Disco Balls Put a Bright Spin on Louisville, KY
Some facts about Louisville are very well known.
It's the home of the Kentucky Derby, of course, held the first Saturday in May since 1875. The Hot Brown is a renowned sandwich that was created at the city’s Brown Hotel in 1926, and baseball fans everywhere know about the Louisville Slugger bat and the museum located in downtown Louisville.
What may be lesser known about the Kentucky city is an acclaim that takes it to another level of uniqueness: Louisville has earned the reputation of being the disco ball capital of the country, at one time turning out 90 percent of the disco balls made in the U.S.
It’s a fact that helps give Louisville its special personality, according to Stacey Yates, vice president of marketing communications for the Louisville Convention & Visitors Bureau.
“Being the home of such iconic things as bourbon, baseball bats and bluegrass,” she says, “[and] to also be the country’s largest producer of disco balls just further complements Louisville’s unique and surprising personality as the city of endless possibility.”
Omega National Products, located in the city's historic Highlands district, has been manufacturing disco balls long before there was disco. Known more accurately as mirror balls, they are made at the plant where Omega also produces antique mirrors using silvering techniques that have been passed down for generations. The company makes wood cabinets as well at its plant in Elkhart, Ind.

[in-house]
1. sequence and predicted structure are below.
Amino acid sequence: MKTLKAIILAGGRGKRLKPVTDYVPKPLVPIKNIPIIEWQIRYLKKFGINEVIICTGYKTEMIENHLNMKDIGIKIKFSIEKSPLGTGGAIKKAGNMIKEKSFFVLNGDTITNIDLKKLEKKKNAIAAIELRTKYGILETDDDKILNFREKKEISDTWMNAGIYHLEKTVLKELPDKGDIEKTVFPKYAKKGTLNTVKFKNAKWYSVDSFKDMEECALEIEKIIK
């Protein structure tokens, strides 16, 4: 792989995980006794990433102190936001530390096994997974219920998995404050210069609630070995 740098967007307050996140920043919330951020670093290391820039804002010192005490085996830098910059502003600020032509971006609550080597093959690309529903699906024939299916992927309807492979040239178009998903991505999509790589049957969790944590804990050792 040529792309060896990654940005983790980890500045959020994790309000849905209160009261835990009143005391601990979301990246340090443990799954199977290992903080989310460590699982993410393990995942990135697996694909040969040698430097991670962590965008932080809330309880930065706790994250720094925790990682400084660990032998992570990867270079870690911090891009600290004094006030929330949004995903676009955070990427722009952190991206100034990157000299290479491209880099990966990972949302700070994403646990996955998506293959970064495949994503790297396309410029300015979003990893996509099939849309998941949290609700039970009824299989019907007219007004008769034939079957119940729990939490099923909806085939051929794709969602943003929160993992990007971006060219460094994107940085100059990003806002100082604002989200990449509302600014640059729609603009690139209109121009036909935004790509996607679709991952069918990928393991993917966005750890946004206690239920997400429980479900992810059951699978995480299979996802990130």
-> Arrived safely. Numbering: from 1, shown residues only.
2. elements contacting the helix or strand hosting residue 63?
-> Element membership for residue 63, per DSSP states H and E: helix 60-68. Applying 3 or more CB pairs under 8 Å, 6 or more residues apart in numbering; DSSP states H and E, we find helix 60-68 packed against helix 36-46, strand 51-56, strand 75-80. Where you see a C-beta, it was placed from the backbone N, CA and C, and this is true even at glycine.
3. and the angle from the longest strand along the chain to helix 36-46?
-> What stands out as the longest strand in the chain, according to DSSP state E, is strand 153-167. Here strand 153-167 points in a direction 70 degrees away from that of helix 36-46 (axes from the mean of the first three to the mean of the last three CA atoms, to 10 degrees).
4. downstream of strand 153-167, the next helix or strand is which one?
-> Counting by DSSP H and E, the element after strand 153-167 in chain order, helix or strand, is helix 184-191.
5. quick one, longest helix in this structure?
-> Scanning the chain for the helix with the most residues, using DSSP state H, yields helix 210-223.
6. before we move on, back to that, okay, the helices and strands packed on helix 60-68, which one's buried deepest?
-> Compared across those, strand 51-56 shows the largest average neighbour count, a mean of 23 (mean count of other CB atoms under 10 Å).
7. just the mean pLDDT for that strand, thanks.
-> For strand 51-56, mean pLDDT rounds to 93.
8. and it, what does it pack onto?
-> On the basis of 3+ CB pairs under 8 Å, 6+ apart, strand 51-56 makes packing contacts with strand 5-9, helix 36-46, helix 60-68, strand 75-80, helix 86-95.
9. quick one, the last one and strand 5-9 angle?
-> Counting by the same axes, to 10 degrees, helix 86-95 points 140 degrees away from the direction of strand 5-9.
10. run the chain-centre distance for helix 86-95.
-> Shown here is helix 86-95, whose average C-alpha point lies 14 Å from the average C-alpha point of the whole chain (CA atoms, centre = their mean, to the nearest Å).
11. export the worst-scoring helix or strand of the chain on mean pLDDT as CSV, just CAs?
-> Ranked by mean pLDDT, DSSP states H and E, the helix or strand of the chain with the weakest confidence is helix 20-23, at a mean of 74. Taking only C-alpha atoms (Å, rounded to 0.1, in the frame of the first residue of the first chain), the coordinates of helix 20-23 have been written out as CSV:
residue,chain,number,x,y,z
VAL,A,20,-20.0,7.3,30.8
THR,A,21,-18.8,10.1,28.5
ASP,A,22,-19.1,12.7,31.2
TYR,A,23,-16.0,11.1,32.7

“[Omega] started as a ribbon mirror company,” says Toni Lehring, the company’s customer service manager. “They were contracted back in the ’40s and ’50s to manufacturer art deco furniture. I even have one of the old tables that looks like it’s covered in disco mirrors.”
Within just a few years, Omega started using the silvering process for mirror balls that were sold to dance clubs, roller rinks and similar venues. Some of the earliest ones were actually old world globes that had been retired.
All Kinds of Uses
By the time the disco craze arrived in the 1970s, Omega-produced mirror balls that were spinning all over the country at clubs blaring out the sounds of the Bee Gees and Donna Summer. It was making about 700-800 disco balls a year in the 1990s, and today’s annual count is maybe 200, according to Lehring.
Most of what the company’s Baxter Avenue location produces now are the antique mirrors, used primarily in architectural wall coverings, furniture inlays, hotel bed headboards and framed mirrors.
Even though mass production of disco balls these days is handled mostly at Asian factories, Omega still has plenty of custom orders from its distributors. The company’s glittering spheres have been used by big-name music acts such as Madonna, Pearl Jam, Lenny Kravitz and Kid Rock, among others. One special-made mirror ball was prominent at a pre-Super Bowl party that aired on VH1, and Coca-Cola once ordered a 10-foot disco ball that was shipped to Atlanta for a big promotion.
“The globes that we make last forever,” Lehring says. “They are so well constructed. Someone once called and said he didn’t need new disco balls, that he still had the same 48-inch disco balls he bought in 1968. He just needed new motors.”